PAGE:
Africa – November 10 2023

Study on children without parental care in Africa

An estimated 35 million children are without parental care in Africa, a report released by the African Committee of Experts on the Rights and Welfare of the Child, part of the African Union, has shown.

These children are routinely exposed to various forms of violence including sexual, forced labor, trafficking, and unprecedented separation from family or flee natural and man-made disasters, getting in contact with the law, substance and drug abuse, mental health issues, limited access to education, and healthcare, the report finds.

"The findings of this study make it abundantly clear that we cannot continue with business as usual,” said President Dereje Wordofa of SOS Children’s Villages International at the event launching the report. “Instead, we must embrace a meaningful paradigm shift in how we conceptualize, invest, and take action to address these challenges."

The study indicates that a considerable number of African countries do not explicitly include provisions for the protection and care of children without parental care (CWPC). More than 70% of countries in various regions of Africa lack explicit comprehensive child protection policy frameworks and guidance.

The most practiced alternative care options for CWPC across Africa include kinship care, foster care, kafalah, residential care and institutional care. The availability of these options varies by region.

The study – the first of its kind for the African continent - was conducted from 2020 to 2022, covering over 43 countries in the five regions of Africa, to provide baseline information to improve understanding of the situation of Children without Parental Care in Africa. It was produced by the African Committee of Experts on the Rights and Welfare of the Child, in collaboration with African Union member states, partner organizations and children and young people.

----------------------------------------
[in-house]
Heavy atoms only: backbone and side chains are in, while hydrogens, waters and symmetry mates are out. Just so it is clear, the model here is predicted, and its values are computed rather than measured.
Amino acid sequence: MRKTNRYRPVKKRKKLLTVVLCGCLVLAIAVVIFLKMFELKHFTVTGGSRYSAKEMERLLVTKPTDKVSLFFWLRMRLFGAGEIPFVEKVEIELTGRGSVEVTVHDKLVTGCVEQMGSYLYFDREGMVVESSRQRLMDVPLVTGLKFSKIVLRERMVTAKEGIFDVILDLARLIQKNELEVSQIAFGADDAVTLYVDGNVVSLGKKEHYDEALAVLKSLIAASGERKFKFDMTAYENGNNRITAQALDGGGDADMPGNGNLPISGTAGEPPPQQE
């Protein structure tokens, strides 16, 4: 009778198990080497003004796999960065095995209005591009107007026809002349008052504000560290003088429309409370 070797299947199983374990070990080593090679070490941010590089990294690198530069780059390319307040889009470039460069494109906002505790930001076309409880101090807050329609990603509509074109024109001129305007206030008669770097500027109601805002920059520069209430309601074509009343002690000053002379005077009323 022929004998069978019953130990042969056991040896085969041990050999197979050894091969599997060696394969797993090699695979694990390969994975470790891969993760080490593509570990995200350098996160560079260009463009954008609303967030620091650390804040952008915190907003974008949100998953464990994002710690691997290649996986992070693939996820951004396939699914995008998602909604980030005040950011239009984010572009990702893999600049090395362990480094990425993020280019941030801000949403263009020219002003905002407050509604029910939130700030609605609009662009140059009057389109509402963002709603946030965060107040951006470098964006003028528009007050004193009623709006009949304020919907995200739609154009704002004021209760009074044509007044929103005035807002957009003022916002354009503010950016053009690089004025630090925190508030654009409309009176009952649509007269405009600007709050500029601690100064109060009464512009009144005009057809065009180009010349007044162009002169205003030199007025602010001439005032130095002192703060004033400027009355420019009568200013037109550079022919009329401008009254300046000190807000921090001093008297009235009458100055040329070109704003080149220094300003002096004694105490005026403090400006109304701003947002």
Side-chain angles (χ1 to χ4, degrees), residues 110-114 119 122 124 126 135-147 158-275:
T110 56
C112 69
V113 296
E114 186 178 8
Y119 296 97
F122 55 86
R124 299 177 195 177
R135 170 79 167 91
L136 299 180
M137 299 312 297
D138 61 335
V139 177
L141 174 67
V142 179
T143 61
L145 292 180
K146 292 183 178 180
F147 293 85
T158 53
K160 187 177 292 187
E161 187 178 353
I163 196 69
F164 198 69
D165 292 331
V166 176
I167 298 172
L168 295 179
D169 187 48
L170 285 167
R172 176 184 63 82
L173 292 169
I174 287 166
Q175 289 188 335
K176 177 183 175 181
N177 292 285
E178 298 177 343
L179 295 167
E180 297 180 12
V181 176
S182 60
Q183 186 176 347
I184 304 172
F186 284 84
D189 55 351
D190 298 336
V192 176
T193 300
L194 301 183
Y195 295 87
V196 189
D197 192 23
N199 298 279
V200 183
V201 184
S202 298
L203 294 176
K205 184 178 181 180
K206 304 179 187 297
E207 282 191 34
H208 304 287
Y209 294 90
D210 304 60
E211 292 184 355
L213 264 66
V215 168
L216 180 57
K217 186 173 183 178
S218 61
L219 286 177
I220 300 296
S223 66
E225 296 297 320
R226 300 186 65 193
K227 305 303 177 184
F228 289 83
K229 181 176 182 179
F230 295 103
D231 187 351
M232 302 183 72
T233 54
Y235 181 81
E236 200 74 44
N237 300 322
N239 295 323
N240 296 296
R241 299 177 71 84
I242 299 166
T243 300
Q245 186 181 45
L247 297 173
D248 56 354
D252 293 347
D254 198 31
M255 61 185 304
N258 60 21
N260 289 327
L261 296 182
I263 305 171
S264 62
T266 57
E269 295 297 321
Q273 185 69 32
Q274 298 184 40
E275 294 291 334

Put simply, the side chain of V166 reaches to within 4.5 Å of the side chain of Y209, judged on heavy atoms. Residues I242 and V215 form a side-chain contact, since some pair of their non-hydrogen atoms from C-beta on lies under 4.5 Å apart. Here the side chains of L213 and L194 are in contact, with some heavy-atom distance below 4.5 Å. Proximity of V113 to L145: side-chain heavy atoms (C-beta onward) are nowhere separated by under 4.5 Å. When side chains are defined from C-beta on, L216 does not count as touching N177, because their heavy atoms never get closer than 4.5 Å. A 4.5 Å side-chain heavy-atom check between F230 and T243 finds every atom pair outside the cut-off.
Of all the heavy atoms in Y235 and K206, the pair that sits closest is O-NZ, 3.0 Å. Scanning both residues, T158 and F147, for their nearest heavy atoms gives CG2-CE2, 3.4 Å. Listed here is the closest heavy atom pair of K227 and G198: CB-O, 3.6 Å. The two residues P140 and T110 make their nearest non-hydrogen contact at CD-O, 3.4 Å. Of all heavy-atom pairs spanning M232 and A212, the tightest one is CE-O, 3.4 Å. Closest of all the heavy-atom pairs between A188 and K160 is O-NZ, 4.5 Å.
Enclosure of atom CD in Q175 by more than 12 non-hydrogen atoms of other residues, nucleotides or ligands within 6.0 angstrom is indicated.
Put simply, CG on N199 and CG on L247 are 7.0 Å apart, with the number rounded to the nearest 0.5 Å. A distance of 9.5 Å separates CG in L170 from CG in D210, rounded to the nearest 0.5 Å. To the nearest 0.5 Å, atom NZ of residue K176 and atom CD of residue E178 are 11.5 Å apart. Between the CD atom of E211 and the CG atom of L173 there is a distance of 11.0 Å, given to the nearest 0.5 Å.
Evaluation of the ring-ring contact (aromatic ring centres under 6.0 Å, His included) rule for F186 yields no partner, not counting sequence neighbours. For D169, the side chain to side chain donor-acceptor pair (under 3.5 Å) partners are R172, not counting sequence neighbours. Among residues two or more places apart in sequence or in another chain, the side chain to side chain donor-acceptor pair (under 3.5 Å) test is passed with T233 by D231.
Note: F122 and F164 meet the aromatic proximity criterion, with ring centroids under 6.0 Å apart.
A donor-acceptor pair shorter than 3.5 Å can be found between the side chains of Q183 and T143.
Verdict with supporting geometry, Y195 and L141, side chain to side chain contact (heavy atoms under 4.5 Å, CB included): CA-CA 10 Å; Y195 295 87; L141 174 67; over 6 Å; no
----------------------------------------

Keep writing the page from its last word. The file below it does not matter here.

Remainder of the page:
Young people with experience in alternative care from different African countries attended the launch event, which was held in Addis Ababa, Ethiopia. They had an opportunity to highlight the challenges affecting them and give recommendations. Rokya, 27, from Senegal is optimistic that with the release of the report, things will change.

"During the launch, a lot of suggestions and ideas were put forward,” she said. “I am very confident that a lot of things will change as a result of this study, because so many countries are involved. A number of countries have shared the strategies they plan to put in place to improve the situation of children without parental care in Africa.”

"Today, I had the opportunity to speak on behalf of children without parental care,” said Linka, 17, from Burundi. “It was a really great opportunity to be a voice for them, to know that I can contribute to the discussions. I was so glad to be here and to share our ideas, because it was not only my ideas, but it was developed with other children from different countries."

To better the lives of children and young people without parental care, the young people hope the document will be implemented by all the African countries.

“Many thanks to the committee for conducting this important study, which shows the situation of children and young people without parental care in Africa, and which can help our States to take the necessary decisions to protect all children. We are grateful to the committee for seeing our suffering and providing evidence for governments to act. This is the first time we've had such a study in Africa, and we're proud of it," said Rokya.

The young people in attendance made the following recommendations to decision-makers:

  • Governments should continue to implement strategies to ensure that every child has access to basic life essentials and to implement all child protection policies,
  • Governments should develop laws that help children and young people to transition to independent living without hindering the child’s developmental rights, 
  • Governments must protect children and therefore ensure that anyone is held accountable, regardless of who they are, for the harm they cause and to face the full wrath of the law,
  • Governments have to dedicate a fraction of the budget to support children without parental care and support structures and organizations that care for children without parental care in all countries,
  • All the stakeholders to have a greater impact together in implementing child protection policies, given the evidence now available and the objectives to be achieved.

President Wordofa of SOS Children’s Villages said the organization is investing in services that prevent family separation and empower communities to address the root causes of child abandonment and family breakdown. “All of us here, share the same vision for the children. To materialize this vision, rather than focusing on our differences, let’s collaboratively work on an effective solution based on respect and understanding of each child’s need,” he said.